“Bro, NOW what will we do?” 

I woke up to this text from a friend one morning back in July. Attached to the text was a link to the latest guidelines provided by U.S. Immigration and Customs Enforcement (ICE) for students on an F-1 visa. 

I’m in India, which means that in the dead of night, while I was fast asleep and blissfully unaware, the U.S. government had put into question my whole career as a student.

It was shocking and, to use today’s most common phrase, “unprecedented.” My friends and I spent the next few days overwhelmed by anxiety and panic. We had absolutely no idea if we’d be allowed to return to campus in August. And if we were, how were we going to afford to come back home after in-person instruction ended in November? Could we be deported if another COVID-19 wave hit mid-semester? Our minds were teeming with every worst-case scenario. 

What had kept me going throughout quarantine was that, soon, I’d be back in the familiar city of Rochester, getting a burrito bowl from the Pit and enjoying a meal with all of my friends like nothing had changed. Suddenly, all that had kept me going seemed to be in peril. 

The International Services Office (ISO) held town halls to explain the situation, several universities sued ICE, and social media campaigns began. It was all over as quick as it had started. 

“Bro, we can go back!”

Attached to this text was an article reporting that ICE had rescinded the alarming guidelines. That burrito bowl meal seemed likely enough now. 

But we weren’t in the clear yet. As the weeks passed, I received campus reopening guidelines and more invitations to town halls that outlined every little detail for returning to campus. It was intimidating, to say the least. It seemed like I was going to be able to get that burrito bowl, but I wasn’t going to be able to enjoy it in the company of friends. My resolve to go back to campus weakened.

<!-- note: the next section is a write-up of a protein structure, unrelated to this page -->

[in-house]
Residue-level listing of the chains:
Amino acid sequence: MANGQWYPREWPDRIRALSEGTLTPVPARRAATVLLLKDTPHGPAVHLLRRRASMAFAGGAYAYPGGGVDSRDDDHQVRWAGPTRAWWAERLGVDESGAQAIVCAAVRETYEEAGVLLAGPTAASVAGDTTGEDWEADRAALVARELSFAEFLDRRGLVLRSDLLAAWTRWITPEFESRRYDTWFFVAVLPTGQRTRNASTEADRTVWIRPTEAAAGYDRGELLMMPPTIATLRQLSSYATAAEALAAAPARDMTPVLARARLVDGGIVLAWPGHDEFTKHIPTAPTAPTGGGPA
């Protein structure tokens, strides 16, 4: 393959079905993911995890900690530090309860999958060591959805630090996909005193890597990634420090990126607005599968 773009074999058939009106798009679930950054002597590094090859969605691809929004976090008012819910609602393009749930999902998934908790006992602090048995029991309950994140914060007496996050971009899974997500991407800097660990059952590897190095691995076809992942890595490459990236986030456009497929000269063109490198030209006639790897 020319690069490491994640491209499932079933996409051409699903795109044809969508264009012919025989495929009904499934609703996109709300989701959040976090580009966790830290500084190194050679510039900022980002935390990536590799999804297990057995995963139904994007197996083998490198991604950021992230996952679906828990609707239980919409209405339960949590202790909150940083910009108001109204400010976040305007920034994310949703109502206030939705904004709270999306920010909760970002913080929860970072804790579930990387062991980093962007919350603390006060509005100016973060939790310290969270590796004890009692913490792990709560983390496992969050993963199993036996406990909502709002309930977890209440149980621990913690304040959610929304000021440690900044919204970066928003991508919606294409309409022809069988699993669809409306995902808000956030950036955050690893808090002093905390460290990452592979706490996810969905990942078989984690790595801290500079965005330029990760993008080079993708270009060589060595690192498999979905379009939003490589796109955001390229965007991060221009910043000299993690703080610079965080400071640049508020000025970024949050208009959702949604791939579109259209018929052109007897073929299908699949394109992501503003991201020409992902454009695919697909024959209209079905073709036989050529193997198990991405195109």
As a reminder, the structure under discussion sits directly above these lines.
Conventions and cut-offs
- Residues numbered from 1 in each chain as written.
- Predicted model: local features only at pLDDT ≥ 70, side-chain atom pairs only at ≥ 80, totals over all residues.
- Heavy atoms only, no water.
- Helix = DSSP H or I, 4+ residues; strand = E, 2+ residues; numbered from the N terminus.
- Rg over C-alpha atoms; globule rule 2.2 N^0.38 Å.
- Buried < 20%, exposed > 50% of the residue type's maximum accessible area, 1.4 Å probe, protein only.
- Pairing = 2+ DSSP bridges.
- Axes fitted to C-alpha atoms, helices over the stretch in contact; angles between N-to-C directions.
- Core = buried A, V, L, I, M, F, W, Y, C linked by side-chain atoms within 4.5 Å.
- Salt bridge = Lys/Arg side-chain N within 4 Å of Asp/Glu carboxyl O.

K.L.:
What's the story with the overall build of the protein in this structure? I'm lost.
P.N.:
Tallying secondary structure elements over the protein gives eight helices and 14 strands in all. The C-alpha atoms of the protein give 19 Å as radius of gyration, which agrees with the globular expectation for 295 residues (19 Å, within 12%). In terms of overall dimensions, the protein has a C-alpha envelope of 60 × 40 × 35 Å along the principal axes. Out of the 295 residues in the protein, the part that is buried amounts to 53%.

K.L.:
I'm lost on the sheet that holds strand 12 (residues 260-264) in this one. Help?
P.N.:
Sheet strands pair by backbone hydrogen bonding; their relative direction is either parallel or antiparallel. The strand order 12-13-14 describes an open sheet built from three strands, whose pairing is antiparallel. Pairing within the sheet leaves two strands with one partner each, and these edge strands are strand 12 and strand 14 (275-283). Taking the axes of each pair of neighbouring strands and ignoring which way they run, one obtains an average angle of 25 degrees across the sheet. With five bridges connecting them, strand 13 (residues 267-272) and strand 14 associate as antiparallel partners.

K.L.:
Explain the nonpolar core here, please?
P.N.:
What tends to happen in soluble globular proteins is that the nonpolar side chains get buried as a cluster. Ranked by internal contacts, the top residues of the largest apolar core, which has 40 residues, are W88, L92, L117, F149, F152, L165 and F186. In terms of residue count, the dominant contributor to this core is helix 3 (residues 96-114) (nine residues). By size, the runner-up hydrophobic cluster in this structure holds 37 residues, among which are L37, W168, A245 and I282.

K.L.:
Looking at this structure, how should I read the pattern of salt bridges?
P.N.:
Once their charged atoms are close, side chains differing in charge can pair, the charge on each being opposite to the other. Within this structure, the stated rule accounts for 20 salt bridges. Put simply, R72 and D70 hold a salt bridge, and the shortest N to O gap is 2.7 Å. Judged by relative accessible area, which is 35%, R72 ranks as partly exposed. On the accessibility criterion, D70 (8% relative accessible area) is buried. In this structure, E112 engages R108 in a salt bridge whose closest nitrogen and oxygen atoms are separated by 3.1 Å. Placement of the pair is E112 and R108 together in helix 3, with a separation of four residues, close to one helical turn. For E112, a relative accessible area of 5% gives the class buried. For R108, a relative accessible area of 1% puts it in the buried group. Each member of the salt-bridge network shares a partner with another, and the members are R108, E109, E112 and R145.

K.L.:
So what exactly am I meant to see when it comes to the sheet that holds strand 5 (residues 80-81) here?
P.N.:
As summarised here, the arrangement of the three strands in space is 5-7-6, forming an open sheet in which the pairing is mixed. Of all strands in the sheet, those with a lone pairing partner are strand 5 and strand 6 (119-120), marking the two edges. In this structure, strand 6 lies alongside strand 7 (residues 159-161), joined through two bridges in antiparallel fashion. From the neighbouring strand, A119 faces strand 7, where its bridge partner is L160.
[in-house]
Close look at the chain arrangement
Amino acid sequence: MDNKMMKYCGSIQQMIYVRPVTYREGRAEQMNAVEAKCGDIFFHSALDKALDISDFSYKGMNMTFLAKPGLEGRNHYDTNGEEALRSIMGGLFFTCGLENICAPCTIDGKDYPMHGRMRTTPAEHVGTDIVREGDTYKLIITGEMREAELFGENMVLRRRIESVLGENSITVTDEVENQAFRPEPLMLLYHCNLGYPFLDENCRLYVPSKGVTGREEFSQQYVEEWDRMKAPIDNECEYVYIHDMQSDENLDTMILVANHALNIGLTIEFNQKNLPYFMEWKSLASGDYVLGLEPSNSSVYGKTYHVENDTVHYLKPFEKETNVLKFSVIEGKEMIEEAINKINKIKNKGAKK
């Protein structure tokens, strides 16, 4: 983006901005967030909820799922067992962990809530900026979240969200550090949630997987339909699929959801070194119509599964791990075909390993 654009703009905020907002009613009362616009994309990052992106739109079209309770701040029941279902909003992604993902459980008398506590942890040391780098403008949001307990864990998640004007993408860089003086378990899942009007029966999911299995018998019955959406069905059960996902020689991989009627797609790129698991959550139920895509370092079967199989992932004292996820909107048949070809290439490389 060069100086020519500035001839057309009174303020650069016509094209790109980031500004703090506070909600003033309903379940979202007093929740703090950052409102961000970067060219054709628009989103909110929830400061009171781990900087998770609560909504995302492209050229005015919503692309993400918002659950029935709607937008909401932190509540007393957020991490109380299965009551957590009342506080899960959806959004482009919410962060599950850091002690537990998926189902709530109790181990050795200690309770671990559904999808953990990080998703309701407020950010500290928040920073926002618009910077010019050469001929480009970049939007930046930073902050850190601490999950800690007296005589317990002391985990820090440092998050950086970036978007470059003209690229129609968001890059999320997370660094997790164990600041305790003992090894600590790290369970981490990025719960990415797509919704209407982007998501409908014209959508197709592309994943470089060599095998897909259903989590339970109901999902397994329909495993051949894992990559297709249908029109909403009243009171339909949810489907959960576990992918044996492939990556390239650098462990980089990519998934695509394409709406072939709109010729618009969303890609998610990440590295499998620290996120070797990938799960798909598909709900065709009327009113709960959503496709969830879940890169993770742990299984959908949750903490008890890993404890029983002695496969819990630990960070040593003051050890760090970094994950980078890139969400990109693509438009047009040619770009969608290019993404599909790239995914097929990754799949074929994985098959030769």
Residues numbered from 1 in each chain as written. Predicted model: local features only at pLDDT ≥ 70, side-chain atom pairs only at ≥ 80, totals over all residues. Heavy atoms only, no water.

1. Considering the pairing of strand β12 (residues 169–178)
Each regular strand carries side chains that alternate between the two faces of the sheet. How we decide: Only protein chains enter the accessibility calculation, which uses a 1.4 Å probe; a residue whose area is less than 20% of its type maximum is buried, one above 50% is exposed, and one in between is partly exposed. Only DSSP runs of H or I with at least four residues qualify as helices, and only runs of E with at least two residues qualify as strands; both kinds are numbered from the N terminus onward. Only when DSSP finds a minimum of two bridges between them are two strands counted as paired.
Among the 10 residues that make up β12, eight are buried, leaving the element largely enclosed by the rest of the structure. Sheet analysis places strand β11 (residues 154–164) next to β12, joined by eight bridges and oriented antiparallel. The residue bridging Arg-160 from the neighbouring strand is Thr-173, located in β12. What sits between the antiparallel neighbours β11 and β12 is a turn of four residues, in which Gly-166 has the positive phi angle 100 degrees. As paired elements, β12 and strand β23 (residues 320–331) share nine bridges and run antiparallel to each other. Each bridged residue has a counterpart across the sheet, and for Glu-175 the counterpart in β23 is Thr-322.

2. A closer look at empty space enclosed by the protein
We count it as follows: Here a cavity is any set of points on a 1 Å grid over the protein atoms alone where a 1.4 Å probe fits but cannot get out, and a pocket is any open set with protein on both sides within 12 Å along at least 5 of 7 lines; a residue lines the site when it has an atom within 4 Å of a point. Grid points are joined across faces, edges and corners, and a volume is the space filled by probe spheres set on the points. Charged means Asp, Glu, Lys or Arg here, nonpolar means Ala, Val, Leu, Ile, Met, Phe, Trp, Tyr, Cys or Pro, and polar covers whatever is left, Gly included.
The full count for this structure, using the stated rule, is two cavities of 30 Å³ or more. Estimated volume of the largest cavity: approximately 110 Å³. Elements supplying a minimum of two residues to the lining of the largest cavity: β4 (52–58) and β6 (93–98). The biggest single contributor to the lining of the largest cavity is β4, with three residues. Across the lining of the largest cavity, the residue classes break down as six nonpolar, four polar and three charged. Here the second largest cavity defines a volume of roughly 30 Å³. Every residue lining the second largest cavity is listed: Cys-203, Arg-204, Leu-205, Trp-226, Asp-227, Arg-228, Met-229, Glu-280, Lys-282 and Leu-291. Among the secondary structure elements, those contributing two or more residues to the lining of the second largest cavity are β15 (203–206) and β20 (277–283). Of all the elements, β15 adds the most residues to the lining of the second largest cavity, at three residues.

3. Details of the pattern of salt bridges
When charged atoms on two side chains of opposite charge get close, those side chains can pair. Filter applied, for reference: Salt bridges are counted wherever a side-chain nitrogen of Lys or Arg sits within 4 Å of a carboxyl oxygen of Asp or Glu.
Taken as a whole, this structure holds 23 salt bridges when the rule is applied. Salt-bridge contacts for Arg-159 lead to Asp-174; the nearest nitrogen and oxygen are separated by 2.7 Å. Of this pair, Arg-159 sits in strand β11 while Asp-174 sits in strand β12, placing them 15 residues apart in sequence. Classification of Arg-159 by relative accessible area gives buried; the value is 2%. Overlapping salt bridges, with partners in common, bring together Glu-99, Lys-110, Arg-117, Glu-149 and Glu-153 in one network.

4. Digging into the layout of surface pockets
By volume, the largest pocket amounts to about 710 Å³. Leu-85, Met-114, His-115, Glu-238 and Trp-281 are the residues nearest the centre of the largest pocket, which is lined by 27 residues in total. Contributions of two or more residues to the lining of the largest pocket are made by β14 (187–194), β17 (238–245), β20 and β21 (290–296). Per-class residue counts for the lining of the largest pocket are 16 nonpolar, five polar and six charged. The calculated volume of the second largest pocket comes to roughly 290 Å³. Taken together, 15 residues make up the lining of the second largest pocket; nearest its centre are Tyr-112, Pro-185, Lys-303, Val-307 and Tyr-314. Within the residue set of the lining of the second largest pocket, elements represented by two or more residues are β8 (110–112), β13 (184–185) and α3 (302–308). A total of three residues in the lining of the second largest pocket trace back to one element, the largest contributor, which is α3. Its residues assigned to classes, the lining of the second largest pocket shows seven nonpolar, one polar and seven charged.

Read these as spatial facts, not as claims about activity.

None of the emails I received indicated anything about students travelling internationally having to quarantine. 

“How are we supposed to make it there in a WEEK?”

Attached was the screenshot of an email from the ISO stating that now, according to new CDC guidelines, international students had to quarantine. And in order to make it to Rochester for the free quarantine facility in time, I had to be there within a week. 

I laughed. No way was I making it there in a week. And this is precisely when I started to gather my thoughts and think rationally. What was all this panic and anxiety about going back for? A meal with friends that seemed far too good to be true? Three months of Zoom classes from my dorm? Or was it the labs I love so much, but would have to wait until next semester for anyways?

The more I tried to convince myself that the college experience would be worth the risk of a 15-hour flight in these times, the more I was discouraged. The sad truth is that it simply isn’t worth it.

Most of us alive today have never experienced a pandemic on this scale before. We have lost countless of our kind, and will continue to do so until a vaccine arrives. Everyone’s mental and physical well-being has taken a serious beating. Its consequences are much bigger than my simple hope for a meal at the Pit, and so I have decided that the burrito bowl is going to have to wait. I am going to Zoom my way through the upcoming semester and try to learn as much as I can. It isn’t going to be the same — not even close — but it won’t be impossible, either.

Here’s to hoping we all come out of this and are able to share a simple meal without the fear of a pandemic looming over us. Soon, we’ll have the privilege of being late to class in person, rather than signing in late on Zoom. Soon we’ll go back to grumbling about our Starbucks drink’s 20-minute ETA. And when all of this can happen safely and without putting anyone at risk, that’s when I’ll happily take that 15-hour flight and return for my burrito bowl.

Tagged: COVID-19

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